The Big Idea: Myke Cole
Is Siege Line the end? For author Myke Cole, no. He will have more books coming. But for a particular trilogy of books, and a phase of Cole’s career, the book represents a final stage. Not with a whimper, though — with a bang, and one that required more of the author than he initially expected.
Apocalypse fiction loves a good wasteland.
Most of us have heard of Ragnarok, the Viking idea of a “Twilight of the Gods” in old Norse mythology, where the world is swept away and the final battle between good and evil is fought. Ragnarok is hardly a unique idea in mythology and religion. Zoroastrianism, one of the oldest recorded faiths, likewise has the world scoured with lava and a final battle between the wicked and the righteous. Christianity has the Book of Revelation, which talks of the final fight between Christ and Antichrist, and Islam has given us the apocalyptic vision of the 12th Imam, who comes to herald the end time, and the final scouring of the wicked from the earth. Buddhism, Hinduism, Rastafarianism. They all have their apocalypse visions, and nearly all have the same central elements: The world scoured, laid waste, heralding the final battle between good and evil.
My favorite visual summary of this idea is in the last of a quartet of paintings by the 19th century American landscape painter Thomas Cole – The Voyage of Life. The paintings depict a soul’s journey through life from birth to death. The final painting, Old Age, shows an old man on his way to heaven. What stands out most is the landscape he leaves behind. At the end, all is stripped bare. Nothing grows, nothing moves, nothing lives. The apocalypse of all these myth-systems echoes in the oils – at the end, there is only wasteland.
We love wastelands for our final showdowns in fiction. By stripping away all distractions, they help focus the narrative on the final conflict at hand. The warring characters come into stark relief, unhindered by background. It’s the literary equivalent of wearing a drab gray suit to a job interview. Undistracted by your clothes, the hope is that the interviewer will focus on your job skills.
But here’s the thing about real wastelands. They’re far from empty.
Deserts teem with life. The “hostile” environment of the arctic features around 3,000 different species of flowering plants alone, and around 130 species of mammal. And this doesn’t even count the human cultures that have flourished in these harsh regions without the benefit of advanced technology. The Bedouin and the Hopi, the Inuit and the Ainu.
When you really dig deep, the truth is that “wasteland” is really two words: “Waste,” which is a term of judgment used by those of us living in temperate zones with the benefit of climate control, and “Land,” with all the species, and human cultural diversity that implies. So, while wastelands may be a useful backdrop for final showdowns in fiction, they’re far from empty, and the “Twilight of the Gods” is likely to have significant fallout for the folks living in the warzone where the ultimate battle is playing out.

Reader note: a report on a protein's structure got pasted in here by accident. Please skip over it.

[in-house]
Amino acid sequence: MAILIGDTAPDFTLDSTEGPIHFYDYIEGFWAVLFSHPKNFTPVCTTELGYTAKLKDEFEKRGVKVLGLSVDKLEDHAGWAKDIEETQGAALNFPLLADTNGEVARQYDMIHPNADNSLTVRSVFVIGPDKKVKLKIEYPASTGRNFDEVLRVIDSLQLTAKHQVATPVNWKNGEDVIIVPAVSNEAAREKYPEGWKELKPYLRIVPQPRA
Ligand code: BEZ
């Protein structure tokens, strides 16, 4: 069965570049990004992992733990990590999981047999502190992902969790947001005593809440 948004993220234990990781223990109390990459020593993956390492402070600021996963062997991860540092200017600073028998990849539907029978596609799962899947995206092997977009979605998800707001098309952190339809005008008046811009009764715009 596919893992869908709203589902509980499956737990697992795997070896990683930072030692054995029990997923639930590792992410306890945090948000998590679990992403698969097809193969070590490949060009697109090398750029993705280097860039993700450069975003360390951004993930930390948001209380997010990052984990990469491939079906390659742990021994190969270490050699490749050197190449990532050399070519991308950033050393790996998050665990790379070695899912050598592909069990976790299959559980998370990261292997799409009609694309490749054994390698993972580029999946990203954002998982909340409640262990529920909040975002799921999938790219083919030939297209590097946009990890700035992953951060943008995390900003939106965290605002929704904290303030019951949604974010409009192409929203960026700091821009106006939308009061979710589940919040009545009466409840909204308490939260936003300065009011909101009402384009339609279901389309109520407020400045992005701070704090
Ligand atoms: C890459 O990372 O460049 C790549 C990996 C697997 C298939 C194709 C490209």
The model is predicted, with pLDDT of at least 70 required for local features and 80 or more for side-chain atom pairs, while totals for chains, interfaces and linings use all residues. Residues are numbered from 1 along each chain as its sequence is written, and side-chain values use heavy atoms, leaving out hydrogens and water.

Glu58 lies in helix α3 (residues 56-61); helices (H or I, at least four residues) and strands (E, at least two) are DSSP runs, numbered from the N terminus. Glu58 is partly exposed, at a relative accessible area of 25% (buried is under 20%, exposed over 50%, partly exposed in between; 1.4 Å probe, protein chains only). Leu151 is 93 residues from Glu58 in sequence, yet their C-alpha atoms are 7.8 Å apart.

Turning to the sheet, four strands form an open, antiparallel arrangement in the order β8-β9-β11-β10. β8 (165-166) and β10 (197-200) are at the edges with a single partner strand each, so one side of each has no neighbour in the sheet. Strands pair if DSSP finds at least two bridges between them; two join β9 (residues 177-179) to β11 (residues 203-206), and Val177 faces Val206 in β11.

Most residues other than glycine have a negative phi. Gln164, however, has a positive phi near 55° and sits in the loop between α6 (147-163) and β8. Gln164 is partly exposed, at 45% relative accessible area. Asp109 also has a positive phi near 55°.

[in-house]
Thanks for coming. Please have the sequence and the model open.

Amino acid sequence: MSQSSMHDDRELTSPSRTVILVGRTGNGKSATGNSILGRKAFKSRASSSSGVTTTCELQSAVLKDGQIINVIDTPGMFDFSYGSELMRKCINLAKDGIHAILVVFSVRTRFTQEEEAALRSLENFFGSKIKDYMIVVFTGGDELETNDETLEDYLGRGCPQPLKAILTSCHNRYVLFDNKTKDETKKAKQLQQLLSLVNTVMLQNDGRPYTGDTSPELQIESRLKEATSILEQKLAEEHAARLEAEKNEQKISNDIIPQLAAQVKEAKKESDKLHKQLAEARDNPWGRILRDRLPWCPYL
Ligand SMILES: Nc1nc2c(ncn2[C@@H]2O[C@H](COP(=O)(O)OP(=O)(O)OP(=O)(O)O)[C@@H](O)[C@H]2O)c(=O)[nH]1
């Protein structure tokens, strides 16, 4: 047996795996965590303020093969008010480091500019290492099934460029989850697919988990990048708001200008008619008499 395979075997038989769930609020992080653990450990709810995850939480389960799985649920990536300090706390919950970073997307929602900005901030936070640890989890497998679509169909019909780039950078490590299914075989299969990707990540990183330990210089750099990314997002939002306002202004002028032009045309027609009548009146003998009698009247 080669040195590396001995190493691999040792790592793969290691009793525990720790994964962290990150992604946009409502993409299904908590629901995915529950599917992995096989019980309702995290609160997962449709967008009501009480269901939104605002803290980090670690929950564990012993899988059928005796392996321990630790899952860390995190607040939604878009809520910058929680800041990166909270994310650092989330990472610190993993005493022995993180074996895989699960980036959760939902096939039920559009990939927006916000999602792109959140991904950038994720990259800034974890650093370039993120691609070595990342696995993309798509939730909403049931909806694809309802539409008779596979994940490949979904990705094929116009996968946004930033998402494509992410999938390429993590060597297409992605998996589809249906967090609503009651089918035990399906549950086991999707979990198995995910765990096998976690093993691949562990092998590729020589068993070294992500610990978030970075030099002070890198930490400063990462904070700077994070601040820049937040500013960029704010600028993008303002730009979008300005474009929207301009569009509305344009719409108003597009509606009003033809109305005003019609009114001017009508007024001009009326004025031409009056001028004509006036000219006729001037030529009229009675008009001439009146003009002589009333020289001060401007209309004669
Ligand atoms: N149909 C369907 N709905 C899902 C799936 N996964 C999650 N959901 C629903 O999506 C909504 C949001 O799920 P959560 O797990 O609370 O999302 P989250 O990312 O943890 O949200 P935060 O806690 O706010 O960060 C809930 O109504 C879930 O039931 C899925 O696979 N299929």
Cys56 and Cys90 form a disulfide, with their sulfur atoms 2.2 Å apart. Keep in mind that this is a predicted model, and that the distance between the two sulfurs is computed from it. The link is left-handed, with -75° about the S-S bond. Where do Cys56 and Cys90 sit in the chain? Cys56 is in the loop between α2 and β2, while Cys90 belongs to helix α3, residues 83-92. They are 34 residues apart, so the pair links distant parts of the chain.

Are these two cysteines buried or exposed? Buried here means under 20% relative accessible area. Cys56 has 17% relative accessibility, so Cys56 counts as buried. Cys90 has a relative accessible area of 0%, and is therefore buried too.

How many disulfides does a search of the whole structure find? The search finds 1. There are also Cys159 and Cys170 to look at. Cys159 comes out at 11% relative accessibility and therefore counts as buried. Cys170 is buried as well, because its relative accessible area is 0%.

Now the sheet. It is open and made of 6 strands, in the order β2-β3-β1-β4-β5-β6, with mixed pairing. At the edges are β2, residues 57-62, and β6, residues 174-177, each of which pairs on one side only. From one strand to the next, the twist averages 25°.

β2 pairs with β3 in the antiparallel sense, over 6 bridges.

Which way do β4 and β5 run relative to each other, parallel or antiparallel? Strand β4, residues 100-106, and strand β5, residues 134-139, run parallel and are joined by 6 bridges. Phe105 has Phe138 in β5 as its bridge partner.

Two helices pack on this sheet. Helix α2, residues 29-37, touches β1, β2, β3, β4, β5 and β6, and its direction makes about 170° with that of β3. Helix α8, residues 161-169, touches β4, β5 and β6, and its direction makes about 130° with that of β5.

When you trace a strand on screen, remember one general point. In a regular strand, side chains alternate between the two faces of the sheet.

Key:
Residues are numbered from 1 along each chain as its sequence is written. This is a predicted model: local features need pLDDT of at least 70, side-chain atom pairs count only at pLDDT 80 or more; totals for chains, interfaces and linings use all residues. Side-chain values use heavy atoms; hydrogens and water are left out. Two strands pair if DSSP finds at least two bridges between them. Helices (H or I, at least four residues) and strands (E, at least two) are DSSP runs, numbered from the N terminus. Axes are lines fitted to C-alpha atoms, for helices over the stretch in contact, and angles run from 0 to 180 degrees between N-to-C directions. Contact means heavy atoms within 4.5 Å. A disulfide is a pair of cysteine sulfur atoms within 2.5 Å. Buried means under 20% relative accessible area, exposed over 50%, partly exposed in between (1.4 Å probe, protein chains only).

And that’s the big idea behind Siege Line.
Siege Line is the 3rd book in my Reawakening prequel trilogy. The Reawakening is the prequel to my military fantasy Shadow Ops trilogy. The six books together represent the first arc of my writing career, staking out my own subgenre, fleshing out my narrative, and seeing it to its conclusion. And like all good myth-systems, mine ends with an apocalypse, a final showdown between the wicked and the righteous, set against the backdrop of the wasteland so popular for these kinds of things. What can I say? I want to go out with a bang.
I chose the harsh subarctic-polar landscape of Canada’s Northwest Territories, and the tiny hamlet of Fort Resolution, nestled on the south shore of the Great Slave Lake. It’s barren by the standards of my comfortable Brooklyn neighborhood, but like all real-life wastelands, it has a vibrant and complex community and ecology, and people living there who go back generations, far earlier than the founding of either America or Canada, and who are fiercely proud of their culture and legacy.
This was the coolest discovery in writing this book, the background I picked refused to be background. The supporting cast swarmed the pages, demanding their voices be heard. With every hour of research I did, the culture and society of Canada’s “NWT” colonized my mind, changing first my perspective, and finally my narrative.
By the time the smoke cleared, my protagonist had been upstaged by the Sherriff of Fort Resolution, an Afghanistan vet and proud Dene woman, Wilma “Mankiller” Plante. Mankiller was unimpressed by my ignorance of her culture and land. If I was going to tell a story in her town, I was going to tell it her way.
It was a pretty sublime experience. Every writer dreams of these moments, when a character is so real, so fully fleshed out, that they literally take over the narrative, leaving the writer as a mere copyist, taking dictation and relaying what they see. Mankiller came alive, and Fort Resolution, the whole Slavey region, came alive with her.
George R. R. Martin has famously divided writers into “gardeners” (pantsers) who just sit down and write, and “architects” (plotters), who meticulously outline and plan before laying down a single word of prose. I have always prided myself on being an UBER-architect. I usually write more than 100 pages of outline before I begin work on a book. Having a book take a left turn when you’re an uber-architect can be frustrating.
But Mankiller wasn’t going to let it lie, and to be honest I’m glad she didn’t.
Can’t wait for you all to meet her, and to step into her world. It’s cold, sure, but there’s a lot more life there than some warmer places I’ve been.